The Peacock: Beautiful for the Eye

Book Title: Beschouwing der wereld : bestaande in hondert konstige figuuren, met godlyke spreuken en stichtelyke verzen / door Jan Luiken.

Author: Luiken, Jan, 1649-1712

Image Title: The Peacock: Beautiful for the Eye

Scripture Reference:

Description: A man and a woman regard two peacocks with their tail-feathers spread out; on the ground are a third peacock with its feathers down and some pigeons and hens. The Dutch artist and poet Jan Luiken (1649–1712) was responsible for drawing this emblem and composed the poem that accompanies it. The etching was executed by Jan Luiken or his son Casper Luiken (1672–1708) who adapted this image from one used in an earlier work, which may be found in the Digital Image Archive under the call number 1699Weig. The attendant scripture text is Proverbs 8:13.

If thou dost become arrogant,
Think what is wanting in thee.

The Peacock surpasses many,
In its large species and kind of feathers.
But who is so pleased by the terrible sound,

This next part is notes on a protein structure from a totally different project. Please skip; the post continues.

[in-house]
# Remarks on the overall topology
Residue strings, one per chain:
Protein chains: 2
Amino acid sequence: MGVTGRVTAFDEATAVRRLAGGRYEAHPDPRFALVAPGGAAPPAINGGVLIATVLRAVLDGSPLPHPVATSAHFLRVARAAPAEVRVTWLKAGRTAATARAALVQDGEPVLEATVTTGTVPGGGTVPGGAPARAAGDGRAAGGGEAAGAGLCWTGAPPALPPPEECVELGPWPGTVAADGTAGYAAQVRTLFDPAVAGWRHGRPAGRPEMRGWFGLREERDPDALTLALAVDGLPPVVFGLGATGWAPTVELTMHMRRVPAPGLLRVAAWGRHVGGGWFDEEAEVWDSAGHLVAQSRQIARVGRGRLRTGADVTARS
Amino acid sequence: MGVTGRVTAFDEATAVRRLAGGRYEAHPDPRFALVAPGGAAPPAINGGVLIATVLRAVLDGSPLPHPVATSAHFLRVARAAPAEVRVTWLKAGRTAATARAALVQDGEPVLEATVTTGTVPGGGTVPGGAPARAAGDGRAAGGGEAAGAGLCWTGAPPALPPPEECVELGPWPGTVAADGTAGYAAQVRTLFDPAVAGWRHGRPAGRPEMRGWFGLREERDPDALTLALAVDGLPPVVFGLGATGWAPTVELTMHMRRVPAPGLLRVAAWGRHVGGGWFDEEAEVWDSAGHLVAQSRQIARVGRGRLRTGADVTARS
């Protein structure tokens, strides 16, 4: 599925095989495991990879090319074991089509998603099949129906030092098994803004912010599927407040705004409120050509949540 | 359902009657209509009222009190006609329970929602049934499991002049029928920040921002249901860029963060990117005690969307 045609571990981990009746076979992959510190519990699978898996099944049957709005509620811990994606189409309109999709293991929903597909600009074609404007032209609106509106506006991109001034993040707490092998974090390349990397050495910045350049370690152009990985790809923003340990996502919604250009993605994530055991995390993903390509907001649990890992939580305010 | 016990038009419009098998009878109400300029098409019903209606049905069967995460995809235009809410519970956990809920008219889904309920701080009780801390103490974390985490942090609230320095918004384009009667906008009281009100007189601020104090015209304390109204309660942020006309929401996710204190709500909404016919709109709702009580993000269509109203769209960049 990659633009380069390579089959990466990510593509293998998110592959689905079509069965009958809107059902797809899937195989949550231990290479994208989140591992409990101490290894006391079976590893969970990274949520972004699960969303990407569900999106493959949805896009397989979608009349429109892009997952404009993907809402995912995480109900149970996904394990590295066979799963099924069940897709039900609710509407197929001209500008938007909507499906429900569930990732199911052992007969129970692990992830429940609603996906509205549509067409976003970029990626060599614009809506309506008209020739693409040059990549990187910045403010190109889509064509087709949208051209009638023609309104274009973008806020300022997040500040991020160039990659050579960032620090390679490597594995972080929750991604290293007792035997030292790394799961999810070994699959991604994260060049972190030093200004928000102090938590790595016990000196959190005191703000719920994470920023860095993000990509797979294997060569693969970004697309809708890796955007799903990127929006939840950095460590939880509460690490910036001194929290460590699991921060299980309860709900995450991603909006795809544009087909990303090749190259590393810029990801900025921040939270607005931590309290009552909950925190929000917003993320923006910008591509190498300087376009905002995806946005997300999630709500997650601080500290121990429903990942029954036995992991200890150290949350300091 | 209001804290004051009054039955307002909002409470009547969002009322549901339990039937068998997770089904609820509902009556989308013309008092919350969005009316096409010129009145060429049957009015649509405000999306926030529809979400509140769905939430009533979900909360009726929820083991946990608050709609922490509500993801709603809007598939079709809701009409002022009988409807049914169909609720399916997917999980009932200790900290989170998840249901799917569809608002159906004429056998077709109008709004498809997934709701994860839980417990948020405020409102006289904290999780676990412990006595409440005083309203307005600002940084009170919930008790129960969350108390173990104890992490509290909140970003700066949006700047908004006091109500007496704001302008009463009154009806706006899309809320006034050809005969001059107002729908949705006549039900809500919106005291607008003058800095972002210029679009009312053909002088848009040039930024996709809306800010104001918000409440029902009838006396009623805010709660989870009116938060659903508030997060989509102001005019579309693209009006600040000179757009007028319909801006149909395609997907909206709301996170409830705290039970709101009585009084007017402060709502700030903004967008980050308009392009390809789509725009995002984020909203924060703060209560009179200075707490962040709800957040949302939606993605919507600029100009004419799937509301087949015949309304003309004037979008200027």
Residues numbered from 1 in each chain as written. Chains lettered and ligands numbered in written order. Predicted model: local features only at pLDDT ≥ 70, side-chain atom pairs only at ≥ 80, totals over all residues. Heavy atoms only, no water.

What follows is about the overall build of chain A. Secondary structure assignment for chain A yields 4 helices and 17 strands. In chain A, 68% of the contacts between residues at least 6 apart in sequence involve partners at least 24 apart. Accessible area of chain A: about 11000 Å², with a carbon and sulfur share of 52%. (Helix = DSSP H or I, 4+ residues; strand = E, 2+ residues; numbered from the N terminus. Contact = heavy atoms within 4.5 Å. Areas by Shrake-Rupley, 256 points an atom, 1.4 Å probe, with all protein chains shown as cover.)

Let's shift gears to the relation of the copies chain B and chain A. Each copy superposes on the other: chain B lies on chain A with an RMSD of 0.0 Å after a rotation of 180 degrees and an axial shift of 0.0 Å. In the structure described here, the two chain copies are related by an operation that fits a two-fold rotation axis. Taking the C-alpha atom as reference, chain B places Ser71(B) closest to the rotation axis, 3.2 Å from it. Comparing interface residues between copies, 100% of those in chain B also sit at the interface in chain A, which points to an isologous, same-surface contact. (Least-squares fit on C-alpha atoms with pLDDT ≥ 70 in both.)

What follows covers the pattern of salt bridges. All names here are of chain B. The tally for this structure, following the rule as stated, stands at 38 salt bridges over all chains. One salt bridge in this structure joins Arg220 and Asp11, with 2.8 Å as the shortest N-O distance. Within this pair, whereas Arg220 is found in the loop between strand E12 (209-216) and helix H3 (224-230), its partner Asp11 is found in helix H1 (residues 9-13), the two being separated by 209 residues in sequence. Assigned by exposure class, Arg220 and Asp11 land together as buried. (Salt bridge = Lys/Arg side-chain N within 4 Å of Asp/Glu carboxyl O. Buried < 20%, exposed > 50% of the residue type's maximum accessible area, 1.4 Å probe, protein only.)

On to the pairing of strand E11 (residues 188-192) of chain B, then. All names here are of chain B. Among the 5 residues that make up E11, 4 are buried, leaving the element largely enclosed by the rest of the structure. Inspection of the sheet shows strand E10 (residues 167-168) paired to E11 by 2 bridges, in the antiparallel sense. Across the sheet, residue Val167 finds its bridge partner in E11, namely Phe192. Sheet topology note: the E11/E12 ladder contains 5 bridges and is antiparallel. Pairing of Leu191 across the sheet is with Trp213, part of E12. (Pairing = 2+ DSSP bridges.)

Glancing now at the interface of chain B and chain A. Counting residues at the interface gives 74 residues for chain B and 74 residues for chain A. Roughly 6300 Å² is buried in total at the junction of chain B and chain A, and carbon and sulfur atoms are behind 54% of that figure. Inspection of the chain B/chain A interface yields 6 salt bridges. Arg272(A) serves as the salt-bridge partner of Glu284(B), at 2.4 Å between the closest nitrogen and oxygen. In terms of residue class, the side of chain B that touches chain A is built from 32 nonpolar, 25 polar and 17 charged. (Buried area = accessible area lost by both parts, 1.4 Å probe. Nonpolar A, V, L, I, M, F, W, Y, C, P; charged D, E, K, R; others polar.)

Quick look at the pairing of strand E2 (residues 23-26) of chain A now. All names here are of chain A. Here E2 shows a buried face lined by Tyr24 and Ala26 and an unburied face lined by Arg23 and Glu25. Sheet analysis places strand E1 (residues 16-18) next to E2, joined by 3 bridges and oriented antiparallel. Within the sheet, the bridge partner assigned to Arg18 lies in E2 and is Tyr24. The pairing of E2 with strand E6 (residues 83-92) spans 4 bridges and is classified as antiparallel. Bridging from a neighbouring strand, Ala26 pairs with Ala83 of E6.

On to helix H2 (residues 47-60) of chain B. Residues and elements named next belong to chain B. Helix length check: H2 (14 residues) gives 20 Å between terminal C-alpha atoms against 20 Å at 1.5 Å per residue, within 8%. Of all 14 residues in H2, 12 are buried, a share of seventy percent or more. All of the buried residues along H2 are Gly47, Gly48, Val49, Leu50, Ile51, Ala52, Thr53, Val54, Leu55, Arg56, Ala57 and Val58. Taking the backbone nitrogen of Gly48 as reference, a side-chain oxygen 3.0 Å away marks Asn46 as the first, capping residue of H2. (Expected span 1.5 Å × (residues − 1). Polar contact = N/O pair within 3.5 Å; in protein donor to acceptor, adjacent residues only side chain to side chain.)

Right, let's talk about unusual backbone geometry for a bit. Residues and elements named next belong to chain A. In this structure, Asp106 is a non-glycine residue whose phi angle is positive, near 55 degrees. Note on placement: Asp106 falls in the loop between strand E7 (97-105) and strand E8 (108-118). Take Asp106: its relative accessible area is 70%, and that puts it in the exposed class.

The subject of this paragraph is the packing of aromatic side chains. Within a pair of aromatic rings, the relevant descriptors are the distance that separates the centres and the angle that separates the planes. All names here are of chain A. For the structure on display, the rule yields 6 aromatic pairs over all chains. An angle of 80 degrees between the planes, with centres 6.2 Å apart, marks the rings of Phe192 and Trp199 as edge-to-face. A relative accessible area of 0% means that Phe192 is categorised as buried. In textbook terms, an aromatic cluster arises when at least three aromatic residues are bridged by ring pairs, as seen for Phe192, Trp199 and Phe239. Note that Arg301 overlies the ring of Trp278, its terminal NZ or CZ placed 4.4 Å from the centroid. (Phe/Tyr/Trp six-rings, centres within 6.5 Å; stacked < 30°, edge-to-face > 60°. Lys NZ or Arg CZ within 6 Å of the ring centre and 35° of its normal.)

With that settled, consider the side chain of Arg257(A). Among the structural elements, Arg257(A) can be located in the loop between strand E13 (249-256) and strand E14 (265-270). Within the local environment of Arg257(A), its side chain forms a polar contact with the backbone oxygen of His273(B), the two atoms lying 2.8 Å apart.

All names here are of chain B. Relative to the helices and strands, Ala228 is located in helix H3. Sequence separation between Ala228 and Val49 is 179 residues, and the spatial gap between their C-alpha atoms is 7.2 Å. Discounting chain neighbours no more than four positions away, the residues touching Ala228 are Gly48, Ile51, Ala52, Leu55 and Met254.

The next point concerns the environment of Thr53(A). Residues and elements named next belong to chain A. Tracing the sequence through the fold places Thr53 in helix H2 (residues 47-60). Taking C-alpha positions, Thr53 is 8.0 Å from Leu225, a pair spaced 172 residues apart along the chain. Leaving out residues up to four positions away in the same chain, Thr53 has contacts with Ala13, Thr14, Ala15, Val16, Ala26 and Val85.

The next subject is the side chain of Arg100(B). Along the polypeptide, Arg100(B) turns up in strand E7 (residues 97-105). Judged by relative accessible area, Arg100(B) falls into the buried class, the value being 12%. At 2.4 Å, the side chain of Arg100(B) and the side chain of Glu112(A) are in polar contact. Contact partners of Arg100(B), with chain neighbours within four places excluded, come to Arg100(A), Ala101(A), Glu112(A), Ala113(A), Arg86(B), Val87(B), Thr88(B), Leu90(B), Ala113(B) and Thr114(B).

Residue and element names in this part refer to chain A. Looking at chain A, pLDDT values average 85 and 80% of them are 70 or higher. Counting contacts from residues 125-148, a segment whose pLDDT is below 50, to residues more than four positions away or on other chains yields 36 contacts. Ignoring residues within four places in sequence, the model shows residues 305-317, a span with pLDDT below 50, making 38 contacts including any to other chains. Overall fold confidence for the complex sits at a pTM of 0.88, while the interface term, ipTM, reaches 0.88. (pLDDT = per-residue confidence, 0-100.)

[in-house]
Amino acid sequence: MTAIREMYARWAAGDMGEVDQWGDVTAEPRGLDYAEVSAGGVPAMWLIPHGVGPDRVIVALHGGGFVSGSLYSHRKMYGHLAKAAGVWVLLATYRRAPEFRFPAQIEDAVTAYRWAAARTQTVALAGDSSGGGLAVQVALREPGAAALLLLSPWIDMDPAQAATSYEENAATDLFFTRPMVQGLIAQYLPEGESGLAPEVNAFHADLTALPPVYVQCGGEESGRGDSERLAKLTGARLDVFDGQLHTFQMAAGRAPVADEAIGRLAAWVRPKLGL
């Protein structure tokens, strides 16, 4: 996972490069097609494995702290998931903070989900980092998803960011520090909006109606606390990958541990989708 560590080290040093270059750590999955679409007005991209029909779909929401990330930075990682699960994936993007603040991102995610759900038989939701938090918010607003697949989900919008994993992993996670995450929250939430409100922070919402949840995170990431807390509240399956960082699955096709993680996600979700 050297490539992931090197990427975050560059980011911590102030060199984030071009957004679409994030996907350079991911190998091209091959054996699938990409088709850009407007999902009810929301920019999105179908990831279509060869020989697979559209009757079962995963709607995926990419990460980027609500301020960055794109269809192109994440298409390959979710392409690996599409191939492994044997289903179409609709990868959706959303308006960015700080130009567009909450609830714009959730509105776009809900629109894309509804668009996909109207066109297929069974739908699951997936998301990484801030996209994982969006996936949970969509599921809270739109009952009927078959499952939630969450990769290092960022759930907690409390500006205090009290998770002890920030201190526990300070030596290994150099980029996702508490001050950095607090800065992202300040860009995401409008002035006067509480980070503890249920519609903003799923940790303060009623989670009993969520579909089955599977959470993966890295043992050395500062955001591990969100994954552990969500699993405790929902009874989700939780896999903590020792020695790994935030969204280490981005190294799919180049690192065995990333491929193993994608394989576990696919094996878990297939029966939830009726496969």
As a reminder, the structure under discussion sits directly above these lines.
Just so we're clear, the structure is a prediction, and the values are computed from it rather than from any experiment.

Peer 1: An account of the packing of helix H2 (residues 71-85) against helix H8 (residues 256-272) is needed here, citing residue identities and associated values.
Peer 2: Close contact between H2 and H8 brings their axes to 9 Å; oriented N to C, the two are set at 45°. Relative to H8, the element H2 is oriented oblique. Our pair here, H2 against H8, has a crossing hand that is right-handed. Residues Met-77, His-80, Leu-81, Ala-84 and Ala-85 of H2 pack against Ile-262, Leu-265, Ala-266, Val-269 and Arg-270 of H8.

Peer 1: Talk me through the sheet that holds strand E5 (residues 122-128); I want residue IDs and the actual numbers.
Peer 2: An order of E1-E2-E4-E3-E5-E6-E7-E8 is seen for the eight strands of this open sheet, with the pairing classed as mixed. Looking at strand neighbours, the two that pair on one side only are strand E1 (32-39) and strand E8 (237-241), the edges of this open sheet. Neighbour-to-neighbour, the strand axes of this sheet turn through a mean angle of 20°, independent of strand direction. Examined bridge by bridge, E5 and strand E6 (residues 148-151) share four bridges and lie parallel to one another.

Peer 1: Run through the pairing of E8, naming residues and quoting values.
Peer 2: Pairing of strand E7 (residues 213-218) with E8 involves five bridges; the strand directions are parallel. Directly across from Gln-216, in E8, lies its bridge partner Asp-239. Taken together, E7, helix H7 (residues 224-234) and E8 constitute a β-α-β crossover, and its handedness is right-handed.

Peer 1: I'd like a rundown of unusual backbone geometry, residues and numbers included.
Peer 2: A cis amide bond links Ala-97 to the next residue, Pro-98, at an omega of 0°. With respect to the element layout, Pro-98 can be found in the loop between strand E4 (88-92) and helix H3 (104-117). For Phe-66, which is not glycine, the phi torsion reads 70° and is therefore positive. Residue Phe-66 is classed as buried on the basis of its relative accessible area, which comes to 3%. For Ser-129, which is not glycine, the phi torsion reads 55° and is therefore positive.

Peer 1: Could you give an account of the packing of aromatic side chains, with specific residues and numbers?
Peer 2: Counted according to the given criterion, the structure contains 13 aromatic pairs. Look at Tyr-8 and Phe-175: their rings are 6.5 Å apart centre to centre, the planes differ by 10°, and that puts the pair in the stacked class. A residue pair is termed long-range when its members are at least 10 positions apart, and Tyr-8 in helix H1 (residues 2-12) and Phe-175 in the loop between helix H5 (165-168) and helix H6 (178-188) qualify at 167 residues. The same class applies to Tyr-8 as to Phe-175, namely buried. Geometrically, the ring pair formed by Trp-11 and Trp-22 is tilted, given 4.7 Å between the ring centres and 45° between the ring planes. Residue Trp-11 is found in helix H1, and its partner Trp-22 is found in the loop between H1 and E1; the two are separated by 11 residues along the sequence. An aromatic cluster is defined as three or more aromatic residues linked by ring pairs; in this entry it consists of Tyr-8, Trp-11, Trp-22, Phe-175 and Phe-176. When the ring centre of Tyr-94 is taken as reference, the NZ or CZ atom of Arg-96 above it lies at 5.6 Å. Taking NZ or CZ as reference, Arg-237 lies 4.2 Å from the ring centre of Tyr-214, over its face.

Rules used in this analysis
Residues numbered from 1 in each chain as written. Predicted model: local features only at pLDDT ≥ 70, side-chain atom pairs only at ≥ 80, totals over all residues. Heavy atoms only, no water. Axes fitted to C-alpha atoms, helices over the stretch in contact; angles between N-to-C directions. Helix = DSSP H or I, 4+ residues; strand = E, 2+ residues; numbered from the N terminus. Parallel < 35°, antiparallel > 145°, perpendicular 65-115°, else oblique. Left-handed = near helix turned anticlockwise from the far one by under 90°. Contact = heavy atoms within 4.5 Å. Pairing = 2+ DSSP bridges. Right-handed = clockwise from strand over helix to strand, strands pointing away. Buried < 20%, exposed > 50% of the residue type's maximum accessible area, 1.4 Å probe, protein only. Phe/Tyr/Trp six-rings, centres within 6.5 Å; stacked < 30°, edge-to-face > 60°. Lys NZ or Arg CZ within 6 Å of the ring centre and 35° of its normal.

As to turn the listening ear to that?
All its Ornament is only for the eye,
Except those two black feet:
With spirit, it lifts its finery on high,
But that must quickly fall down again,
When it sees those claws,
Because next to this sight,
(Affected by shame and sorrow)
It cannot keep its proud spirit.
How many one sees like the Peacock,
Who adorned with beautiful clothes,
(In vain eyes lovely and worthy)
Strut with pomp and spirit before the eye?
But let one pay attention to the sound,
How it from inside is shorn,
So nothing lovely comes out,
That is worth listening to.
For all the noise and singing,
Is about the world and its things,
And their entire life long,
They sing this tune.
And beyond this there is nothing; though
Among them frequently comes to play,
A wicked hoarseness from hell,
To annoy the ear of wisdom.
Yet the ugliness of the black claw,
They seem not to know of,
As the spirit of the Birds does,
But their entire life it remains forgotten.
That vile foot with which it
Along crooked and evil paths,
Travels swiftly to hell,
Until Death has grasped it,
When one considers this claw,
Then the Peacock’s tail collapses.

(Translation by Josephine V. Brown, with editorial assistance from William G. Stryker)

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